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J Infect Dis. 2012 Dec 15;206 Suppl 1:S29-35. doi: 10.1093/infdis/jis573.

Viral etiology of influenza-like illnesses in Cameroon, January-December 2009.

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Service de Virologie, Centre Pasteur du Cameroun, Yaounde, Cameroon.



No information is available on the viral etiology of upper respiratory tract infections in Cameroon.


We prospectively enrolled outpatients with influenza-like illness (ILI) presenting at 14 sentinel clinics located across the country from January through December 2009. The specimens were tested using real-time and multiplex reverse-transcription polymerase chain reaction methods for the detection of 15 RNA respiratory viruses.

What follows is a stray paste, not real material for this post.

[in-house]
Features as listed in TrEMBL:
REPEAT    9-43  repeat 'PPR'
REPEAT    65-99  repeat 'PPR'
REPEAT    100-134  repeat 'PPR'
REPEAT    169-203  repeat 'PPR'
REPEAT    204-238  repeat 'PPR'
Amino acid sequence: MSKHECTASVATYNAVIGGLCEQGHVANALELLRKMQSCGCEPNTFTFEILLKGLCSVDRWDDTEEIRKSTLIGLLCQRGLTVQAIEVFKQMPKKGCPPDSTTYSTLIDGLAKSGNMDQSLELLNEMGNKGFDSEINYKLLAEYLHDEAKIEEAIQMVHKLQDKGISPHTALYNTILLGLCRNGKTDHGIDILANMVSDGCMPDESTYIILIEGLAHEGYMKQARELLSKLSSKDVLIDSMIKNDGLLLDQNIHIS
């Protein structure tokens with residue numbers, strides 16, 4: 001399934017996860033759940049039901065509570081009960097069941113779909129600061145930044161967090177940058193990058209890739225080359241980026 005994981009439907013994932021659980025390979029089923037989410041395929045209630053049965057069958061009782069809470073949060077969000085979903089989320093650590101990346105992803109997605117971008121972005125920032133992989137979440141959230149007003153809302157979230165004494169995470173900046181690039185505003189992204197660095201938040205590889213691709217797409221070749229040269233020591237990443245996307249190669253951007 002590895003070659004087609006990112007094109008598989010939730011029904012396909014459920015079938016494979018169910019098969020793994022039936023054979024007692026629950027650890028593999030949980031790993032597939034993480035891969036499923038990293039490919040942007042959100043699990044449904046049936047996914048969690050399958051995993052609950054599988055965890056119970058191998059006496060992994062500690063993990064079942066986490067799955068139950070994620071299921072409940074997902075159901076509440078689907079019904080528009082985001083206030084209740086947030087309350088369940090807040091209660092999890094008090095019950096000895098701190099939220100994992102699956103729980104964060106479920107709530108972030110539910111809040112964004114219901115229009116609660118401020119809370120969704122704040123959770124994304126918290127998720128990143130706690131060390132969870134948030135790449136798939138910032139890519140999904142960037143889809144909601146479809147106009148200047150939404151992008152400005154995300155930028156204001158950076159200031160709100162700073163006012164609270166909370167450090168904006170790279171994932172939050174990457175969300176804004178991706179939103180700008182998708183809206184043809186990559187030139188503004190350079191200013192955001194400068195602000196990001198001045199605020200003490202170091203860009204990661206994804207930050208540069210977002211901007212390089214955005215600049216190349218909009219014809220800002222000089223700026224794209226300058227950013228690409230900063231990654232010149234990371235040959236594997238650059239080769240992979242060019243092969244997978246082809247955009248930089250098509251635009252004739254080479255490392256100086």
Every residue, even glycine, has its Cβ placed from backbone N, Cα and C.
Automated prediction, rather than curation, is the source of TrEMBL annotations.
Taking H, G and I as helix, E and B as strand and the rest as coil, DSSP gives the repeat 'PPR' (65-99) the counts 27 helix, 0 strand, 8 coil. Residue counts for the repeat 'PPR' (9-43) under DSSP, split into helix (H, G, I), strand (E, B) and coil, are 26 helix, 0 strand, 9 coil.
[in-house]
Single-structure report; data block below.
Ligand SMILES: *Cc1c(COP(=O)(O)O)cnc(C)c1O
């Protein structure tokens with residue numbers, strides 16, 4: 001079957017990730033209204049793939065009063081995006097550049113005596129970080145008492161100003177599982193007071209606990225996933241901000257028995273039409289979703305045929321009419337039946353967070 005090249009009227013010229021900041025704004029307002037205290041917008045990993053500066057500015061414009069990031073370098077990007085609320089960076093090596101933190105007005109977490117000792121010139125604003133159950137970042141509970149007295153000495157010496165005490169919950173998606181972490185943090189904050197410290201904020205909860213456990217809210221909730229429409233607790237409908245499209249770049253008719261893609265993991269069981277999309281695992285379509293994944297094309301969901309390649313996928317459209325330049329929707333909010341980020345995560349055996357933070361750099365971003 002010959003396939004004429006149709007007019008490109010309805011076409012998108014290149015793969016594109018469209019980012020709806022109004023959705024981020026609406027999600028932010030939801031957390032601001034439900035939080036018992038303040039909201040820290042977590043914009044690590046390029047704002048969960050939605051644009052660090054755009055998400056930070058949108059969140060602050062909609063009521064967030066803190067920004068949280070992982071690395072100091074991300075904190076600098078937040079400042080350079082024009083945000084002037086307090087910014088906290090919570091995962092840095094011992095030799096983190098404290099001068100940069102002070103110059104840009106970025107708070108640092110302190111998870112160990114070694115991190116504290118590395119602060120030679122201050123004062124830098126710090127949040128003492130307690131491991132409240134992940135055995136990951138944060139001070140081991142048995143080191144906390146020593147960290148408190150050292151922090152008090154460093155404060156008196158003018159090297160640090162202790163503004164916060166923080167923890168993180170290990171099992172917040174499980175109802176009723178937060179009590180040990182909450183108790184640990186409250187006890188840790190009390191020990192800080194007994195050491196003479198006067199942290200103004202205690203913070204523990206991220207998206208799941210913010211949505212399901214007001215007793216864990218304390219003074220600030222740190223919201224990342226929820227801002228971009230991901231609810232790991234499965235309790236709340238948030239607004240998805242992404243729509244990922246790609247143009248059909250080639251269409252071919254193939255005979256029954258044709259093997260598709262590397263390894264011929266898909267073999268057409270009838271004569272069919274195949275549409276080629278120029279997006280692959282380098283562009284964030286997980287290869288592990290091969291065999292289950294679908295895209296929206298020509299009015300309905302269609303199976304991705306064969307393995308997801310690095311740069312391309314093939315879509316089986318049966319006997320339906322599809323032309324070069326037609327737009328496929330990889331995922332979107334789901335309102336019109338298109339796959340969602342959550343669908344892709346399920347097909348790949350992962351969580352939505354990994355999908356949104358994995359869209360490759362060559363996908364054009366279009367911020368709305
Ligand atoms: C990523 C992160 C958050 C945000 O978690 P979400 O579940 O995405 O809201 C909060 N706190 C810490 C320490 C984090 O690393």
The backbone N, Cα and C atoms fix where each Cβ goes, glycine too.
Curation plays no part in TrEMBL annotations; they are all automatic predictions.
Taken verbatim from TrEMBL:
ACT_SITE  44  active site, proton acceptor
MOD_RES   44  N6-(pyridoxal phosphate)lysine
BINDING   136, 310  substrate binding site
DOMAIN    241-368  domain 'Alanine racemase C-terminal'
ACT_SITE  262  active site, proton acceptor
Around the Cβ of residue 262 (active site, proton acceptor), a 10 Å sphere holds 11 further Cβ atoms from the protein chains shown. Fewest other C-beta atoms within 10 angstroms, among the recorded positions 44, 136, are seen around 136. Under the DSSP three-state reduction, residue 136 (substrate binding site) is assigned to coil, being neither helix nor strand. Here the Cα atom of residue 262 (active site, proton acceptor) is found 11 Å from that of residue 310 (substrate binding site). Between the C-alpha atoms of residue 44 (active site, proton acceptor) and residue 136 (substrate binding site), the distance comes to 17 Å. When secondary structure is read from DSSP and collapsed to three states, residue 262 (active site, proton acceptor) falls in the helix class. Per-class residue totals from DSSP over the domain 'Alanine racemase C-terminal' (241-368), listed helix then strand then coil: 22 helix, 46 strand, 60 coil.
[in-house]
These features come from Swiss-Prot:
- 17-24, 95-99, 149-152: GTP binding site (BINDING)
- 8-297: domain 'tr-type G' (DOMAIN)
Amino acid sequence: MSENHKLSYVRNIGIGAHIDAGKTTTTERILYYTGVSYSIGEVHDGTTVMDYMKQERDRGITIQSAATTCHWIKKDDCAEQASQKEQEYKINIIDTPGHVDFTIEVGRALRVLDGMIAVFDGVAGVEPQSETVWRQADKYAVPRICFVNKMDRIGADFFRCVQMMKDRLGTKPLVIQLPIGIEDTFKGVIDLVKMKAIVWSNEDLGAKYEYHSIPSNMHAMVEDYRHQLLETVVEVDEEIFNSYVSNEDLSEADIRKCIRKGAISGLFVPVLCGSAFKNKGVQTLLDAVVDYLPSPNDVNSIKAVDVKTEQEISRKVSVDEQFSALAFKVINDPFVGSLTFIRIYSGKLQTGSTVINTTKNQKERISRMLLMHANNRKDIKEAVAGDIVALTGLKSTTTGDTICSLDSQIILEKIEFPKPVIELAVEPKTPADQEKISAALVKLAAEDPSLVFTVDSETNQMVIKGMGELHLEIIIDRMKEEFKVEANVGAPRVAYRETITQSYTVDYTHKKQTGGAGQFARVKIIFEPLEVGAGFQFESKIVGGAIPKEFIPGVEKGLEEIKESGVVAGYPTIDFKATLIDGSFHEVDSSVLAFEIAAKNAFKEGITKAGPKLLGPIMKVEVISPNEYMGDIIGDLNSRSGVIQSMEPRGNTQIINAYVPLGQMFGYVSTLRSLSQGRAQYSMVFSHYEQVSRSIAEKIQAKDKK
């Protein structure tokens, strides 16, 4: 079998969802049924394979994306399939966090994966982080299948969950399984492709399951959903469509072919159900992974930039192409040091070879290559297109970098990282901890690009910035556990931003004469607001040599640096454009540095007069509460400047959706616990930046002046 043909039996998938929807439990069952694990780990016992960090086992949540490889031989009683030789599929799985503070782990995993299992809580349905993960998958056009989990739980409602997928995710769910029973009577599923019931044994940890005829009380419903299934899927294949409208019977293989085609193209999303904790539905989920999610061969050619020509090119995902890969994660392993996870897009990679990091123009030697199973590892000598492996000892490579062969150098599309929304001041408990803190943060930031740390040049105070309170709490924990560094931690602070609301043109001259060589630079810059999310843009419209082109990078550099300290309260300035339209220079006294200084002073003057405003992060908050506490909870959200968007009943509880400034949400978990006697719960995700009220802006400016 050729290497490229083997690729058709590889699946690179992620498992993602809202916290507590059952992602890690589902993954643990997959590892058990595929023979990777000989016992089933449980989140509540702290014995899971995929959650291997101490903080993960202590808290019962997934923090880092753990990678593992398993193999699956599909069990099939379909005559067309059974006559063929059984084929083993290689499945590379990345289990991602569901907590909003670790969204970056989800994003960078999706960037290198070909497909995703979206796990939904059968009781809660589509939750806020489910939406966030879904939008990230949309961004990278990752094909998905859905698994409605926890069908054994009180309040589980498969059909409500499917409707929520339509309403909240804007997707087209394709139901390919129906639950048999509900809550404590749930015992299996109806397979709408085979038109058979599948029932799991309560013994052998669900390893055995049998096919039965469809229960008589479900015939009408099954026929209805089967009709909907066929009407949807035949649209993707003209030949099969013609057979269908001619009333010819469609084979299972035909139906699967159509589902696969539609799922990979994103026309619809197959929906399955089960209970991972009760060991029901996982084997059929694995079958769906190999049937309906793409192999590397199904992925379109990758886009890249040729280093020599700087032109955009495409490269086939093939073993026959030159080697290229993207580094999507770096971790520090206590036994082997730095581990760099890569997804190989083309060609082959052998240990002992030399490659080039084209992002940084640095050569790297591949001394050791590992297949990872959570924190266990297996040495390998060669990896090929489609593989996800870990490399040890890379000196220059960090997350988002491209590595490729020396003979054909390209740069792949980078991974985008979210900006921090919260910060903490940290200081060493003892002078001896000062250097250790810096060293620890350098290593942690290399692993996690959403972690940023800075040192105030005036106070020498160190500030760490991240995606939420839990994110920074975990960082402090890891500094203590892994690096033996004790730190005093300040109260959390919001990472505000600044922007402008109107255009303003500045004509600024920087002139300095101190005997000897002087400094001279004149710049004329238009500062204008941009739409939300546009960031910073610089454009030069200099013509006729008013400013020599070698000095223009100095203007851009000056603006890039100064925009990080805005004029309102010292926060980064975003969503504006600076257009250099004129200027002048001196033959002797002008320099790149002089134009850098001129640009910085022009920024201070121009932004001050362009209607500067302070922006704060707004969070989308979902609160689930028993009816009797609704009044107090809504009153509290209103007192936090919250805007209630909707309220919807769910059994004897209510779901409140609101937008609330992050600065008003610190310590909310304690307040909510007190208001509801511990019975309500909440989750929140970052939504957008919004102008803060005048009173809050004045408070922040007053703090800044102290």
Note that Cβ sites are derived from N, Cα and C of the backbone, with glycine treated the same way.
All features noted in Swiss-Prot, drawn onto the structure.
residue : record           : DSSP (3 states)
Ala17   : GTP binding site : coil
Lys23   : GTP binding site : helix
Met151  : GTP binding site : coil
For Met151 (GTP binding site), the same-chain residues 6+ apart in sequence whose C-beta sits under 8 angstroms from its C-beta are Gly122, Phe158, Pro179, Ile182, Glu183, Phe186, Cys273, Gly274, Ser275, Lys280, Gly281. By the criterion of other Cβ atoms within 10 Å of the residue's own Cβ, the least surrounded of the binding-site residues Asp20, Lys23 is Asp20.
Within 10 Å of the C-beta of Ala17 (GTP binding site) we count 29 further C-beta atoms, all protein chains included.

We detected at least 1 respiratory virus in 365 of 561 specimens (65.1%). Overall, influenza virus was the most commonly detected virus (28.2% of specimens), followed by human rhinovirus (17.8%); parainfluenza virus (PIV) types 1-4 (7.5%); enterovirus (5.9%); respiratory syncytial virus (RSV; 5.7%); human coronavirus (HCoV) OC43, 229E, NL63, and HKU1 (5.3%); and human metapneumovirus (HMPV; 5.0%). RSV (26 of 31 specimens [83.9%]), PIV (30 of 39 [76.9%]), and HRV (64 of 99 [64.6%]) were most common among children <5 years of age. Coinfections were found in 53 of 365 positive specimens (14.5%), and most (71.7%) were in children <5 years of age. While influenza virus, enterovirus, RSV, and HMPV had a defined period of circulation, the other viruses were detected throughout the year.


We found that respiratory viruses play an important role in the etiology of ILI in Cameroon, particularly in children <5 years of age.

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